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Aw, crap!
Authored by: maddys_daddy on Oct 11, '04 04:28:32PM

You guys have me a bit worried now. After a not-so-pleasant first experience with Mac's (I keep encountering battery problems with my 12" G4 PowerBook, and all signs point to a logic board defect), now it seems, from reading these posts, that a hard drive failure is inevitable and unavoidable. Now I'm not bashing Apple here, but why has my Dad's old Dell Inspiron been running flawlessly (albeit quite slow now) for about 4 1/2 years with nary a hiccup. (He's been running Linux on it for a couple of years, so that eliminates OS issues). I do make backups of my important stuff, as I realize that you should always plan for the worst, but from the almost religious and dogmatic following that DW seems to have here, it seems that the hard drives in Apple products fail as a matter of mere routine. Is this what I have to look forward to with my 1 year old PB? Because when I forked over the $1600+ for what I thought to be a superior quality product, when I could've bought a faster, more featureful (read more gadgety) PC laptop for less money, I did so because I thought it would last me faithfully for years to come. Please tell me that you all are anomalies. Please tell me that the money that I thought I was spending on quality actually bought quality.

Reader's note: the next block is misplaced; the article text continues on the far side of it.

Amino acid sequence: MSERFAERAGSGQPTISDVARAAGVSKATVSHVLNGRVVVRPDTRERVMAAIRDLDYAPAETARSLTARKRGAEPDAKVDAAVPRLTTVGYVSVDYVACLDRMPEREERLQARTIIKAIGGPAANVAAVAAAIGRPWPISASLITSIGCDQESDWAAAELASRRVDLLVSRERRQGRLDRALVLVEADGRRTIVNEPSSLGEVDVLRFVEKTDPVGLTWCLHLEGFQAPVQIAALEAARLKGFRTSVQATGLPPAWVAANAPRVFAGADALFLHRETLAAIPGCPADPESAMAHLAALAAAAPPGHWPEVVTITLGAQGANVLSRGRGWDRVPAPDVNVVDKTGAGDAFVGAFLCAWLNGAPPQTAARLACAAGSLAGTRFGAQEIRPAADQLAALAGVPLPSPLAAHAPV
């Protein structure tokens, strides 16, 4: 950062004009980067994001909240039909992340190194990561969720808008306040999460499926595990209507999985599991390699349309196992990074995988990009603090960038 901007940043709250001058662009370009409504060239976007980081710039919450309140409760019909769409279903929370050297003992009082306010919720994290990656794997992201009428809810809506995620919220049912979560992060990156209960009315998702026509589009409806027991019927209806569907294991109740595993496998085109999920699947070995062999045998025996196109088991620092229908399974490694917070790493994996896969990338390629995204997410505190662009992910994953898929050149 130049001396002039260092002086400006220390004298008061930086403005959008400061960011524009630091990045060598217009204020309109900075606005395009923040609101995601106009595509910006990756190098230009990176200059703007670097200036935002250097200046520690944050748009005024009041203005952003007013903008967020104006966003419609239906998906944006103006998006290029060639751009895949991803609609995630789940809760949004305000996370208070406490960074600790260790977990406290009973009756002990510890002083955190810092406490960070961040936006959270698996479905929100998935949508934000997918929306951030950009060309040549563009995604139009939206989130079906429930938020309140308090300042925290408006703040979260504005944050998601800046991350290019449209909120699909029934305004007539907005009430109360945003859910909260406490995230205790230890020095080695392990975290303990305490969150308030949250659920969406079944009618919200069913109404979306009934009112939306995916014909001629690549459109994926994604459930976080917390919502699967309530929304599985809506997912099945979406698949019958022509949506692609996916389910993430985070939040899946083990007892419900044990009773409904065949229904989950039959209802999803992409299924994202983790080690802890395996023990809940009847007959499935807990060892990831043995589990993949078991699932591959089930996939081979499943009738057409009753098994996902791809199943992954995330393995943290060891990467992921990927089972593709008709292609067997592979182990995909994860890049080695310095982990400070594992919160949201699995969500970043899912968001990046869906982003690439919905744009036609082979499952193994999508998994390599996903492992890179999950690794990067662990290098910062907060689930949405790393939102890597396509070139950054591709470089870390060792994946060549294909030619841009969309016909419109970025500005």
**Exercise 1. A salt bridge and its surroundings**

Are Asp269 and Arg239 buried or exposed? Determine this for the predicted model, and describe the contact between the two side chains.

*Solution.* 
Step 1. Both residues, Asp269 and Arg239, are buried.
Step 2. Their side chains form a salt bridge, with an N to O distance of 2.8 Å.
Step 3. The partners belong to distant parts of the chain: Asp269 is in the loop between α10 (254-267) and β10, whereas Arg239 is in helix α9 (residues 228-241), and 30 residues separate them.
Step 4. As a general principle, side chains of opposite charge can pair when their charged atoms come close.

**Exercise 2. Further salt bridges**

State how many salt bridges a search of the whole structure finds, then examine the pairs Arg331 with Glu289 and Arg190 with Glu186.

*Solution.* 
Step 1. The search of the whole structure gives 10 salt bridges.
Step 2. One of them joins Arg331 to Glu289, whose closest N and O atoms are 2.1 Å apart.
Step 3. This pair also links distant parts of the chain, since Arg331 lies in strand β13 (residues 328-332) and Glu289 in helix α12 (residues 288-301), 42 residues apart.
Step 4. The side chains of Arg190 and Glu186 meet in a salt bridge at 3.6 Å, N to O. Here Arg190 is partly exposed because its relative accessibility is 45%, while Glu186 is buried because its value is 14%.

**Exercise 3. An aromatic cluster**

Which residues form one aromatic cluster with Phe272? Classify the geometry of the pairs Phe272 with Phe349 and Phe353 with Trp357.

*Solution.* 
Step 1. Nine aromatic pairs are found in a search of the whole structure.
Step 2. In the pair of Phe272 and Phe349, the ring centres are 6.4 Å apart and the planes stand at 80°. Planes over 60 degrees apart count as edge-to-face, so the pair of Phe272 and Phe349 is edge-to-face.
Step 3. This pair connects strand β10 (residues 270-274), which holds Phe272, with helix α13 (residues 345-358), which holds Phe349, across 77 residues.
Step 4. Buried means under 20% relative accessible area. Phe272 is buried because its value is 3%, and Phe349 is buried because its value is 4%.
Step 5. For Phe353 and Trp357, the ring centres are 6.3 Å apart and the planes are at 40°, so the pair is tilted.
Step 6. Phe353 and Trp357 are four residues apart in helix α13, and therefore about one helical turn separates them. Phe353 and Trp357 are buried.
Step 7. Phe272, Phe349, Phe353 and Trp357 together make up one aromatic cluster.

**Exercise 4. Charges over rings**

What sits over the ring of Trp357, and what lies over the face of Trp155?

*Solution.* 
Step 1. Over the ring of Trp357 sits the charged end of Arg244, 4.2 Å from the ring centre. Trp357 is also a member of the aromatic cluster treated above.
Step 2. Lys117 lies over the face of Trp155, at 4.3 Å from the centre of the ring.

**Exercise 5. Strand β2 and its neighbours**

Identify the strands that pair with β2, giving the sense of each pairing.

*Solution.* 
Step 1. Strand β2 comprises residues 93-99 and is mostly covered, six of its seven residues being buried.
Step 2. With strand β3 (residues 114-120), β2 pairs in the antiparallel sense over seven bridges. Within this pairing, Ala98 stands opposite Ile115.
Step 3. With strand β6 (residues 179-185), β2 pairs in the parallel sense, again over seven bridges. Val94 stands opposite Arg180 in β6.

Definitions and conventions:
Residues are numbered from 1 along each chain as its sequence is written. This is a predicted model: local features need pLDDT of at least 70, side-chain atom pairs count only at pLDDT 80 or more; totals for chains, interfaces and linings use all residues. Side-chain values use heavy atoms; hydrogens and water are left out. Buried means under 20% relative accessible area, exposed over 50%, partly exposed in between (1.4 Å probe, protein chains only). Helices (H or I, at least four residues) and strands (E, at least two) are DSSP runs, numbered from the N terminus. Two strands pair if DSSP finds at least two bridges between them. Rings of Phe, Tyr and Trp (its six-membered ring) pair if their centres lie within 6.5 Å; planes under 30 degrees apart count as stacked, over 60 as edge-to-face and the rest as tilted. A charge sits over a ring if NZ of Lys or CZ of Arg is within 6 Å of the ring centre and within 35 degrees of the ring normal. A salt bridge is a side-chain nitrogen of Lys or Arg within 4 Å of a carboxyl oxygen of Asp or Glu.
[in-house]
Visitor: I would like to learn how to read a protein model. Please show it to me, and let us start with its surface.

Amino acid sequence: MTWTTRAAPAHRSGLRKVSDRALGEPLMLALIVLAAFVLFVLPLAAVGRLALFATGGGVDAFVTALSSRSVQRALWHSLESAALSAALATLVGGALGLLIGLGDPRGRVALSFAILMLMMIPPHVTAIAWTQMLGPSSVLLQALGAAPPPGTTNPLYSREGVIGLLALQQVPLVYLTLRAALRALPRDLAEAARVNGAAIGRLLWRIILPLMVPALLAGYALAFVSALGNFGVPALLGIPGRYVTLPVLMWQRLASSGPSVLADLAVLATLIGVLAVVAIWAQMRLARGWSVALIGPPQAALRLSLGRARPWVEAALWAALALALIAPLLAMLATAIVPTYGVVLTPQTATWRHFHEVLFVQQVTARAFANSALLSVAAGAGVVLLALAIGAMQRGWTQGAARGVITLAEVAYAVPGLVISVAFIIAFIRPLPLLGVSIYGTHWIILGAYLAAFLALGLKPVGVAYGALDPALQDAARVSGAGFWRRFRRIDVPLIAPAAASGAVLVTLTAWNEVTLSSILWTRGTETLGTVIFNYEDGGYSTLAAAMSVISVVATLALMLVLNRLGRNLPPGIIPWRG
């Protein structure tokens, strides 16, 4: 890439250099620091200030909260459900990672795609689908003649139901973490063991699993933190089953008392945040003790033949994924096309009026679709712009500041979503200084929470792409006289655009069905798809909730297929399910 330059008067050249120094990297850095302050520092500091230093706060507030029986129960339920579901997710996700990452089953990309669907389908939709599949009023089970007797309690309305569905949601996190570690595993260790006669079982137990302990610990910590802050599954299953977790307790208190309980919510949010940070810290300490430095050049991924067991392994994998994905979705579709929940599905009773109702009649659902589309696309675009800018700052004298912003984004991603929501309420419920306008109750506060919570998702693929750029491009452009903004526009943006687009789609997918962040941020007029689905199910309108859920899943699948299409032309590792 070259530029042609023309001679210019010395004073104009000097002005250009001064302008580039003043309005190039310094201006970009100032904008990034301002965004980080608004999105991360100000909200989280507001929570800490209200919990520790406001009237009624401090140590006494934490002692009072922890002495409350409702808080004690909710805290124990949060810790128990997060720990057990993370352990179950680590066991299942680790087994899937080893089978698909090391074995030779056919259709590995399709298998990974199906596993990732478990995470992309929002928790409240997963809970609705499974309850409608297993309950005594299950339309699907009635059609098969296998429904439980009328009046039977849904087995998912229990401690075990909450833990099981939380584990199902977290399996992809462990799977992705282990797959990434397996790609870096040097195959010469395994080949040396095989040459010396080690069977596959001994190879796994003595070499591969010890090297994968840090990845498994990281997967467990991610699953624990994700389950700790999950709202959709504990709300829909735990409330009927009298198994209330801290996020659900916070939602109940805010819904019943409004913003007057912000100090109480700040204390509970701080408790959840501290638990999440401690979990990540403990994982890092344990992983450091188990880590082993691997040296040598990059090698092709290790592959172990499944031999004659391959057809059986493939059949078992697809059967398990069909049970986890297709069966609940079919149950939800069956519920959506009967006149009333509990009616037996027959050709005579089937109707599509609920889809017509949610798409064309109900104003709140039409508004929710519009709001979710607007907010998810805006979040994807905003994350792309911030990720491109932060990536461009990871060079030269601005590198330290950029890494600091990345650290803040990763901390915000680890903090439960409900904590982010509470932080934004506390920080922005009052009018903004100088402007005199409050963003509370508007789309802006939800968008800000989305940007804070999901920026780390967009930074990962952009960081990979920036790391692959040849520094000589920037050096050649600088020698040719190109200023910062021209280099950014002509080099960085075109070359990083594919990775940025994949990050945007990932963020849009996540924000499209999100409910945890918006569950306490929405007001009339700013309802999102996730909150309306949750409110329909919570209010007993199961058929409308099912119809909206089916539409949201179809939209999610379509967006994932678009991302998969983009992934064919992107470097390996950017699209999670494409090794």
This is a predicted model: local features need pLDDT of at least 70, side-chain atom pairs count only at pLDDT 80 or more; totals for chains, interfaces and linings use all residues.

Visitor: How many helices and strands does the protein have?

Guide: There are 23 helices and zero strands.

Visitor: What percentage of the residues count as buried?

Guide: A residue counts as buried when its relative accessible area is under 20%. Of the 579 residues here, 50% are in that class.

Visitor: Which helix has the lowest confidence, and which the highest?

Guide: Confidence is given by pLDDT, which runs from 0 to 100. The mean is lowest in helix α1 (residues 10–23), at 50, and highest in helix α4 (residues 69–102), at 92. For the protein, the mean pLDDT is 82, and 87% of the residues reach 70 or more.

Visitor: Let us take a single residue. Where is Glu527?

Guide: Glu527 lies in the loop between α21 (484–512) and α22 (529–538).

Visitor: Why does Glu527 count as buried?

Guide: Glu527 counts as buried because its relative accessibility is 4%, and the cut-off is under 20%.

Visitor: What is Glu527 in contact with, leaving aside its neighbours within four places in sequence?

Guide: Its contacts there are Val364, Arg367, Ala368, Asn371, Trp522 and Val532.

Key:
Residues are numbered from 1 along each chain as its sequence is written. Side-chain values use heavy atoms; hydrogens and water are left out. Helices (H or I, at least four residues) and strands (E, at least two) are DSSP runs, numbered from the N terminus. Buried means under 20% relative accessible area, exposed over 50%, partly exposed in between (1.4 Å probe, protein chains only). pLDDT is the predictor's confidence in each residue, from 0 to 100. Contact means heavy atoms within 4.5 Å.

Again, no disrespect intended to Apple or Apple products, as I will NEVER return to the "Dark Side of MiSery," but as the months go by, I discover something else that causes me to be a little bit more disenchanted with my enamoured PowerBook.

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Aw, crap!
Authored by: bryanzak on Oct 11, '04 04:42:09PM

Well... in my case I've used DiskWarrior exactly once to restore a corrupt volume. This is the only case like this that I've experienced in the past... I dunno... six years? Maybe longer. I haven't update Norton in years, probably not since the System 7 days.

Other than that one time (and that was a direct result of a bad beta of Quicken hosing my directory structure so badly that nothing else could fix it) I can't remember any real disk corruption.

During these past six years I've pretty much ran two or three macs in the house at all times (probably five different models over the years). At work I've been programming on macs for the past fifteen years using a variety of models and OS versions.